Broadband customers who feel they’re not getting the advertised download speed will be relieved to hear that the Advertising Standards Authority (ASA) has today announced a crackdown on how internet providers can promote their line speeds.
Following a public consultation, broadband providers will no longer be permitted to claim “up to” line speeds in advertising and instead must describe “average” speeds.
These average speeds must be based on the download speed available to at least 50% of customers at peak time.
The new guidance is set to take effect from 23 May 2018 after a six-month implementation period to ensure providers become compliant.
Current guidance only demands that 10% of customers should experience the advertised speed, meaning the vast majority of users could be achieving line speeds of under what providers have promised in their adverts. The ASA found that in many cases consumers are likely to be misled by claims of speeds “up to” certain levels.
Director of the committees of advertising practice, Shahriar Coupal says: “There are a lot of factors that affect the broadband speed a customer is going to get in their own home - from technology to geography, to how a household uses broadband. While we know these factors mean some people will get significantly slower speeds than others, when it comes to broadband ads, our new standards will give consumers a better understanding of the broadband speeds offered by different providers when deciding to switch providers.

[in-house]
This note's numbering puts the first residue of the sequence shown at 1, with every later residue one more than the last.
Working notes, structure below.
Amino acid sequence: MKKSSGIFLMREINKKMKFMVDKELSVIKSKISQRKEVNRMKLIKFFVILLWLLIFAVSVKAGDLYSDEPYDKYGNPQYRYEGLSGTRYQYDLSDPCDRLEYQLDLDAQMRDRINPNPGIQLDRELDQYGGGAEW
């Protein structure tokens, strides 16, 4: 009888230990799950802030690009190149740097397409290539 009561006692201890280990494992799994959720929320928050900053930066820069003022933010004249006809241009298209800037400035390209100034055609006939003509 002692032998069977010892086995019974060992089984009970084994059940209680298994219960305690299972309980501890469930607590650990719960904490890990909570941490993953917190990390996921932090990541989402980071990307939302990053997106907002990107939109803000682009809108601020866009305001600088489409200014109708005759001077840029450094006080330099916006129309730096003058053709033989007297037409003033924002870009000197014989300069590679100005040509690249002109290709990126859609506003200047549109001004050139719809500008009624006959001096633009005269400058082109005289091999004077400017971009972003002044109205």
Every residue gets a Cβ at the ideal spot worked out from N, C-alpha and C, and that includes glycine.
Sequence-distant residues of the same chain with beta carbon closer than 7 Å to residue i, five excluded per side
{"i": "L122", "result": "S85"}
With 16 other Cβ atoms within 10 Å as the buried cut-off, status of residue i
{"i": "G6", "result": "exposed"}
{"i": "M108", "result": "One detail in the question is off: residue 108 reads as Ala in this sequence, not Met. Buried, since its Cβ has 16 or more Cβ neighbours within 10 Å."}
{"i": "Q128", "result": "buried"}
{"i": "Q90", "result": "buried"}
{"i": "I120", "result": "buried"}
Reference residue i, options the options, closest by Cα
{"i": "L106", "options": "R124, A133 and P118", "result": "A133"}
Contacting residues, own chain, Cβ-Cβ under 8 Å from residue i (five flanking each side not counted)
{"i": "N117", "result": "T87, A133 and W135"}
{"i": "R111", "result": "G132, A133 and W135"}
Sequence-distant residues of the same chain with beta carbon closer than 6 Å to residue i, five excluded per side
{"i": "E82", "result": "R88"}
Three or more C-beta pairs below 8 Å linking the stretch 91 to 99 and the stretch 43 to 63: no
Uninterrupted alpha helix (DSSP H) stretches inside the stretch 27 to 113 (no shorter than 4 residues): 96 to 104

“We continually review our standards to make sure they reflect consumers’ experiences, the technology available and the evidence base to make sure our standards are in the right place. Following extensive research and consultation, we hope our new standards will improve customer confidence in future ads.”
‘Advertising speeds only a fraction of customers can receive helps no one’
Dan Howdle, consumer telecoms analyst at broadband advice site Cable.co.uk, comments: "Up until now, broadband has been the only utility you can buy without knowing precisely what it is you're going to get. The speeds advertised are the expectation you set, no matter how you try to qualify them. Advertising speeds only a fraction of customers can receive helps no one – it damages provider reputation and stokes fury among customers. Adding the words 'up to' was never going to cut it.
"Today's ruling means advertised speeds are going to come down to more closely match the expectations of the average customer by April/May next year. Up until now, the most common complaint from broadband customers concerns receiving less than what they thought they were going to get. This will go a long way to alleviating that most persistent of gripes.
"We should also see some variation in the speeds offered by different providers going forward, allowing consumers to make a more informed choice when switching to a new broadband deal. However, megabits continue to be an abstract number for the majority, and the industry still needs to work harder to promote greater understanding in how those numbers apply to everyday use."